10. That’s good to hear W.J. I’ll take an opportunity to check it out soon.

  11. “Flame & Citron” was interesting – I mostly liked it – but while we got a sense of who these guys were, we never got an idea of where they fit in the scope of the resistance. The film makes them appear as pawns and occasionally unqualified and superfluous in the grand scheme of things, yet in the end, we’re told that they are/were renowned figures, almost mythical. I never FELT that while watching it.

    Thure Lindhart, though: one underrated performance.

  12. The problem for me this year is that I can’t really enjoy other peoples’ Top 10 lists — much less compile my own — because I suspect many of the cited films are either yet-to-be-available foreign fare or films that quickly opened and closed before I found time to see them.

    To attempt my own list at this point would leave me to choose, in large part, from the easy-to-catch, long-running releases and films that opened since November. So, in the meantime, I’m dealing with the haunting realization that Up in the Air was quite enjoyable to me if not an unmitigated cinematic thrill.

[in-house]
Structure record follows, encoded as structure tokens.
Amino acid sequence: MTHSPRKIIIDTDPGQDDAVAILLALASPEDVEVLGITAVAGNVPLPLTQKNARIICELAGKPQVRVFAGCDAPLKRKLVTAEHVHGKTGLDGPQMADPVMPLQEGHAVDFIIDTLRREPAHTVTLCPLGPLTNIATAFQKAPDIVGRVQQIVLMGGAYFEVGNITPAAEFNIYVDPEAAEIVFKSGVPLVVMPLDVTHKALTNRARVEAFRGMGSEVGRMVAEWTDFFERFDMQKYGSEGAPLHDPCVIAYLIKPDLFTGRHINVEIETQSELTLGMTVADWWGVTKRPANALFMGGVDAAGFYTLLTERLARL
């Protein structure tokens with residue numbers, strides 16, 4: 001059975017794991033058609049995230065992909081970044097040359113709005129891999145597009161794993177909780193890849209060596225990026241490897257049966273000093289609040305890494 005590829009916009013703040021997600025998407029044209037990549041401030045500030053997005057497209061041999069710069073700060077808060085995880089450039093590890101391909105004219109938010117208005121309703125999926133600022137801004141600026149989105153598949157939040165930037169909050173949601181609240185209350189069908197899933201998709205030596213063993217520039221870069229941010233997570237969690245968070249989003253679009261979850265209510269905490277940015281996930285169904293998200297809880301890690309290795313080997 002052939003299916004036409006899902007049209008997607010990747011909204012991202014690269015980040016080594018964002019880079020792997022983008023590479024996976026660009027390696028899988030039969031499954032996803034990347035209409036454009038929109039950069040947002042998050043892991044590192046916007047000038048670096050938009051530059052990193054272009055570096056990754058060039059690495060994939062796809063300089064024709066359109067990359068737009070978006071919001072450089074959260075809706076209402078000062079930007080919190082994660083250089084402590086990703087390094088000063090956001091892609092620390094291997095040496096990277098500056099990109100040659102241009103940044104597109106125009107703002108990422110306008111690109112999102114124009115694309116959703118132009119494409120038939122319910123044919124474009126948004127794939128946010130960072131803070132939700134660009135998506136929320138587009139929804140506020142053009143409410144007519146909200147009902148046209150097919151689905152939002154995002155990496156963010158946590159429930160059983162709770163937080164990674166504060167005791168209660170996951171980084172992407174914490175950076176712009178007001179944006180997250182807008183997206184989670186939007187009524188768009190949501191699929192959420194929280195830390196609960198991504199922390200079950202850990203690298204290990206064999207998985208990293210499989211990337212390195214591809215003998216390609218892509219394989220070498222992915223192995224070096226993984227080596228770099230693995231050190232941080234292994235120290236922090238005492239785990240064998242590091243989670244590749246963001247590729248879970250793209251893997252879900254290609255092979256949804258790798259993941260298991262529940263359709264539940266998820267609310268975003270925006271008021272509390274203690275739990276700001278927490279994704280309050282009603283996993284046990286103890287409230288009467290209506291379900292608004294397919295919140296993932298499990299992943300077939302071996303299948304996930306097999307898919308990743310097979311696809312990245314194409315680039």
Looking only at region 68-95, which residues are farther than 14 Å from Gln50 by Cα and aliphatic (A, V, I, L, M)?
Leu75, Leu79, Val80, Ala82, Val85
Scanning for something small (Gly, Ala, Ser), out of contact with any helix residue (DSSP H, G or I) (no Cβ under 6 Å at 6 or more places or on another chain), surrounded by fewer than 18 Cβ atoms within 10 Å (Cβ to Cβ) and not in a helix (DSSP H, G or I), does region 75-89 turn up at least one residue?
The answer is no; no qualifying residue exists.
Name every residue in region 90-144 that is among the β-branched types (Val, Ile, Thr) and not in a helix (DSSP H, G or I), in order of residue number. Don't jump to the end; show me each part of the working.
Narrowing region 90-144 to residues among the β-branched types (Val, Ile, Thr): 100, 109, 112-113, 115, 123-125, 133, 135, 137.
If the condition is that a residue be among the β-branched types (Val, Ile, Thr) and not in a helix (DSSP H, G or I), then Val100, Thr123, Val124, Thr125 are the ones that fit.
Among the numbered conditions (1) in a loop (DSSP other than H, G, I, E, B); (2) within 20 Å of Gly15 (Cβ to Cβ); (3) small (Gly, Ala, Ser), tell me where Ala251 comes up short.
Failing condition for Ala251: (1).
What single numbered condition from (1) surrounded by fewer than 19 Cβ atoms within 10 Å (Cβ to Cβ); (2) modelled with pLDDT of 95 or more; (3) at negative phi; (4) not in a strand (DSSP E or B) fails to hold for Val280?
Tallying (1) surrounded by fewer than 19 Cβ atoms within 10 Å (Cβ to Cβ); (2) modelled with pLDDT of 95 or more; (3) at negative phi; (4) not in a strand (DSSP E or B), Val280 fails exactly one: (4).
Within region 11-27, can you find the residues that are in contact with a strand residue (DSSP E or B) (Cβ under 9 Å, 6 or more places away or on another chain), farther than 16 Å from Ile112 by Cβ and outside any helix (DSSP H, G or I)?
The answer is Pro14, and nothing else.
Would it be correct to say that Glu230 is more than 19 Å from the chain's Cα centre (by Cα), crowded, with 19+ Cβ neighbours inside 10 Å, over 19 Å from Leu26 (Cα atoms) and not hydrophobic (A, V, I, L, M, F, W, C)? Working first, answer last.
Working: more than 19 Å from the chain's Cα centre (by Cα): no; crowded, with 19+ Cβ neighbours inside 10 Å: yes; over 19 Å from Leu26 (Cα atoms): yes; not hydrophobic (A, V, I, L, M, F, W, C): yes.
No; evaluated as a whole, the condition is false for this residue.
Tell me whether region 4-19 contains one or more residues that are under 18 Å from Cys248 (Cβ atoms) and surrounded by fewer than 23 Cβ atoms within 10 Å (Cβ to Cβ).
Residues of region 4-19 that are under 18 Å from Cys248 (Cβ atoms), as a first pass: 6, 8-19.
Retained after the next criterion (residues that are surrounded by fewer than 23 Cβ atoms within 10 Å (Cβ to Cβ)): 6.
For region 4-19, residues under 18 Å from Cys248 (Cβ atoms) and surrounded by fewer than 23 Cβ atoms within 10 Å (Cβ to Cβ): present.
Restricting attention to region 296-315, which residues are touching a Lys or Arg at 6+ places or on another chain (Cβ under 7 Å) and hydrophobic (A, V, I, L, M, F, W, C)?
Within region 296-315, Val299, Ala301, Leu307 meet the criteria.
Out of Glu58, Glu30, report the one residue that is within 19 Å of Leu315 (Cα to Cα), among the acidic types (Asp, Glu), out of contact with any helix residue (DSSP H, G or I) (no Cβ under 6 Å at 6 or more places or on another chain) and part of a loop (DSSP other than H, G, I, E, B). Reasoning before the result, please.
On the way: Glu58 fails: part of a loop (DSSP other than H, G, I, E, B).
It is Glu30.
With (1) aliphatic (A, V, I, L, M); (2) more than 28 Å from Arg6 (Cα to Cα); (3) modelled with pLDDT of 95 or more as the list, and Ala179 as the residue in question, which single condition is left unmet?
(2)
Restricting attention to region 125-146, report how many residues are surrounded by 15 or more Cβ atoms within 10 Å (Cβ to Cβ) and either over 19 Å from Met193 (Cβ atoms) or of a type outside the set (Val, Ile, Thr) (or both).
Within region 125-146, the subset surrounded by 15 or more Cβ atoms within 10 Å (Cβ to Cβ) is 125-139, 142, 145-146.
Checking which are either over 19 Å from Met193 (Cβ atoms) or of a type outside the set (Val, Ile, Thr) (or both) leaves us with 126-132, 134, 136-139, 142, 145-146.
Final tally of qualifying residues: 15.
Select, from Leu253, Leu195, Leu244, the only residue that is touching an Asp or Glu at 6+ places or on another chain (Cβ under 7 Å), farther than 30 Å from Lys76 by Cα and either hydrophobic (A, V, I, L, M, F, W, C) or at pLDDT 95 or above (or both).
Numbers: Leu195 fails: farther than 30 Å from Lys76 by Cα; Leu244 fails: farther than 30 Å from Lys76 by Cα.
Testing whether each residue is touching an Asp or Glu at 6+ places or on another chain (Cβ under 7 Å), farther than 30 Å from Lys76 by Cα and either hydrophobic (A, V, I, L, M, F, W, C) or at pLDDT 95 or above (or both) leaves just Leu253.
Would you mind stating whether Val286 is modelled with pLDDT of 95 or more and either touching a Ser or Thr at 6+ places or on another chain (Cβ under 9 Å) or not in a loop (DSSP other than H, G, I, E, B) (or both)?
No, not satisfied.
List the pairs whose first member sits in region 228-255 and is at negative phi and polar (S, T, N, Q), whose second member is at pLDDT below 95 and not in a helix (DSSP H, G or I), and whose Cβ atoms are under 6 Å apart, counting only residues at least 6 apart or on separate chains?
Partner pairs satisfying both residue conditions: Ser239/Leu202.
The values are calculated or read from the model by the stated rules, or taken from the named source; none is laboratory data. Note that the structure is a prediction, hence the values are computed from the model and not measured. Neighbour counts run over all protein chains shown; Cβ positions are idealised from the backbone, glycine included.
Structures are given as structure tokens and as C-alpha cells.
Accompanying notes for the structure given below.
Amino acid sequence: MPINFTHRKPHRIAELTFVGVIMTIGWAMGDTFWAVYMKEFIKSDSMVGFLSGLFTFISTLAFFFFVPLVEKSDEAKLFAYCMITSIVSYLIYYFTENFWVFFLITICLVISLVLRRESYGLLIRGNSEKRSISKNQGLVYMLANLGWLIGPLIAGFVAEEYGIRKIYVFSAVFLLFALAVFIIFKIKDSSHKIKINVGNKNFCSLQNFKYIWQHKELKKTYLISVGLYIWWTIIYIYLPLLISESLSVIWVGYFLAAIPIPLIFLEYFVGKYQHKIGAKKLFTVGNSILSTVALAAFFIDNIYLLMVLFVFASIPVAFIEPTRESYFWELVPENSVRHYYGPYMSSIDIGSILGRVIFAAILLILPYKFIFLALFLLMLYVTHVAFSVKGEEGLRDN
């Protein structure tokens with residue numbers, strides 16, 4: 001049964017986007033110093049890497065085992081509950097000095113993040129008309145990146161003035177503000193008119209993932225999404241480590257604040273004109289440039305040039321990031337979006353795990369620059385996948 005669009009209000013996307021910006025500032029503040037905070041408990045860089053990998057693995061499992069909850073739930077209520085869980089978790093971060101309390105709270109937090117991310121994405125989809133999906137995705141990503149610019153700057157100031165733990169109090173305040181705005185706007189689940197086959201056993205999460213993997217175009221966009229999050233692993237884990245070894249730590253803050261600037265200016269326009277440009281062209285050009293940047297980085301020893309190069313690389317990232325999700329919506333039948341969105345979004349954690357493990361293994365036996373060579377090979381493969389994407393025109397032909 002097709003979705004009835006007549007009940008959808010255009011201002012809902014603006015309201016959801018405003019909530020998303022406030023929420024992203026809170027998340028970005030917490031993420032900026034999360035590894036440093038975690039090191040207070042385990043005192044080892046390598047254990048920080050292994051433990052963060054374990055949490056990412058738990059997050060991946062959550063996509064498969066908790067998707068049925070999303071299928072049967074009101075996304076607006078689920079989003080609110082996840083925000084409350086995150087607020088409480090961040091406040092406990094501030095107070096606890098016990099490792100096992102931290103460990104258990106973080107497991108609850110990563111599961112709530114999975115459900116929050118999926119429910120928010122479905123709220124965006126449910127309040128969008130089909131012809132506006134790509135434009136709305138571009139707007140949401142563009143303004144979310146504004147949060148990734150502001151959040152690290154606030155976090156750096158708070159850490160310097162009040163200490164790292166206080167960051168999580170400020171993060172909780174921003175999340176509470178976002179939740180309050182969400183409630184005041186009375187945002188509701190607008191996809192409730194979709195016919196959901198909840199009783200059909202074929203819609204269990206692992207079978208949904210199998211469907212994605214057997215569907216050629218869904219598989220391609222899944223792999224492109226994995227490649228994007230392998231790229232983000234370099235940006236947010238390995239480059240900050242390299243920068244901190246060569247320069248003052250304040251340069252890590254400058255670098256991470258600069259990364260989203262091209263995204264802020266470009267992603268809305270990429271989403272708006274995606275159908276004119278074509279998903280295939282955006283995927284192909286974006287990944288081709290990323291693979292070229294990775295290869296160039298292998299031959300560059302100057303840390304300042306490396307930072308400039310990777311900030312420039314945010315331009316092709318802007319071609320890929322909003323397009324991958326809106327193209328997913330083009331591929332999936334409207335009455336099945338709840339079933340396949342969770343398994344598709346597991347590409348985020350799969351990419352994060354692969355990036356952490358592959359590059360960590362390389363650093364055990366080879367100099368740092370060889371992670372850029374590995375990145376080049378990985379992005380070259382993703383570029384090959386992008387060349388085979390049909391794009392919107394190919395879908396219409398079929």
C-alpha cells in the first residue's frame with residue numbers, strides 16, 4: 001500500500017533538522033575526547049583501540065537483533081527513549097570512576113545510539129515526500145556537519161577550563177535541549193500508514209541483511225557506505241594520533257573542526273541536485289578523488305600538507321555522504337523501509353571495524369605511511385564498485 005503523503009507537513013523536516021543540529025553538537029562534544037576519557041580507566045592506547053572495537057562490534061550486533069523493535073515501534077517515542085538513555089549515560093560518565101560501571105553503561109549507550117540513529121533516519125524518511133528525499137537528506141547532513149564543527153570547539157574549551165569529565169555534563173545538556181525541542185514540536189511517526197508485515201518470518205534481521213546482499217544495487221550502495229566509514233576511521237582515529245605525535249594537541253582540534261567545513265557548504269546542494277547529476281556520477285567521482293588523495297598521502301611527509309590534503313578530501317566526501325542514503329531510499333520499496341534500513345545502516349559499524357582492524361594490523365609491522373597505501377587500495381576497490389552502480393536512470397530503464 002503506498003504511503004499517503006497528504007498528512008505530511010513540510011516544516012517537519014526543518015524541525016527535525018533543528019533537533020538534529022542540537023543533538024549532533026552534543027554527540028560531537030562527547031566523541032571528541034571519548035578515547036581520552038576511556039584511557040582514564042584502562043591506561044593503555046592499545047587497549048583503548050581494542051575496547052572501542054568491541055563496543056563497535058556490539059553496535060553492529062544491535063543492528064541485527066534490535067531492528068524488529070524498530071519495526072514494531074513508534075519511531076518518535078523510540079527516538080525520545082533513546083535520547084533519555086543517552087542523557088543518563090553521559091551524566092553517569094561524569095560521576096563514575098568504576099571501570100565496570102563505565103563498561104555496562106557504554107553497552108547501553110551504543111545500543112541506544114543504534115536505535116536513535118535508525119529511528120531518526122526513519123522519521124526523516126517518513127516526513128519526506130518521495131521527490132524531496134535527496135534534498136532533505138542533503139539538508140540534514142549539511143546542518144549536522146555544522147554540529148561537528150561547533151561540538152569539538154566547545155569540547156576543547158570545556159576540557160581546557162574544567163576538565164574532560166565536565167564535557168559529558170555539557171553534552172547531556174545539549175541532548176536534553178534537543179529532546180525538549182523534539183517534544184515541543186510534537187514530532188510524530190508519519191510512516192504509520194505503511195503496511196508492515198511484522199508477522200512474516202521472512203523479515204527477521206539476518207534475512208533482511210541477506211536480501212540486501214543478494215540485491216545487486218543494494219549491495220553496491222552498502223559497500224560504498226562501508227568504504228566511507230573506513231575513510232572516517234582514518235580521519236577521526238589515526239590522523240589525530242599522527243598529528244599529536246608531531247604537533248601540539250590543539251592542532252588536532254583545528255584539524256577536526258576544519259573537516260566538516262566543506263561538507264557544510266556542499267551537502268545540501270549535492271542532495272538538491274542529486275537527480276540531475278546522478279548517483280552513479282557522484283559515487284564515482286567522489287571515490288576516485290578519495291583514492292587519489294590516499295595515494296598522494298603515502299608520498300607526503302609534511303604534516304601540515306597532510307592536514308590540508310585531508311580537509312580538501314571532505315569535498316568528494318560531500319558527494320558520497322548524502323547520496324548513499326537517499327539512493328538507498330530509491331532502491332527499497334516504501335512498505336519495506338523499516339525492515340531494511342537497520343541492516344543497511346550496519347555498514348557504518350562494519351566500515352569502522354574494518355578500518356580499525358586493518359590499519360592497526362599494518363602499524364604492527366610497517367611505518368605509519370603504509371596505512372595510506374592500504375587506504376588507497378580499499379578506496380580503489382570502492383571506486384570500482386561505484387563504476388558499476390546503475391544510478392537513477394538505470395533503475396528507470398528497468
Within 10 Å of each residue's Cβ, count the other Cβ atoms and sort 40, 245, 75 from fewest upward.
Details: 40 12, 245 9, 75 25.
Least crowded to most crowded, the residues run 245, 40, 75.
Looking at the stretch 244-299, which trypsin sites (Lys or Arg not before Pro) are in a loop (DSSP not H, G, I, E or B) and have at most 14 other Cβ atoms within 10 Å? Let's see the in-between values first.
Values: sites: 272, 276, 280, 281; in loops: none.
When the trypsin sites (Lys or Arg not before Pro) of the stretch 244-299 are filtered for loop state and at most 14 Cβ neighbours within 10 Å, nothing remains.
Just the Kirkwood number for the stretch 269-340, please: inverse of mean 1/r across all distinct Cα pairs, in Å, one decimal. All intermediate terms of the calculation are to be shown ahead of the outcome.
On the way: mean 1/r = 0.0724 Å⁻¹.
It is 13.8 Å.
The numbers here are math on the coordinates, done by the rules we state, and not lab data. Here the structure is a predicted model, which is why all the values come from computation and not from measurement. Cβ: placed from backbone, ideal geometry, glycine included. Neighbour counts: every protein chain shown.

13. “The film makes them appear as pawns and occasionally unqualified and superfluous in the grand scheme of things, yet in the end, we’re told that they are/were renowned figures, almost mythical. I never FELT that while watching it. ”

    For me Chase, that was an expression of a major theme of the film. The difference between the morally and politically complex reality of what they did and were part of and how such figures and the resistance as a whole were mythologized, sanitized, and morally simplified in an official and popular cultural depiction that re-imaged them and the politics of the resistance in only heroic patriotic terms. They were pawns then, and posthumous pawns too.

  14. WJ, I honestly get where you’re coming from in Limits of Control. In fact, I have a harder time explaining why I liked it than understanding why people don’t….if that makes any sense.

    Having said that, I feel about Silent Light almost exactly the way you feel about Limits of Control.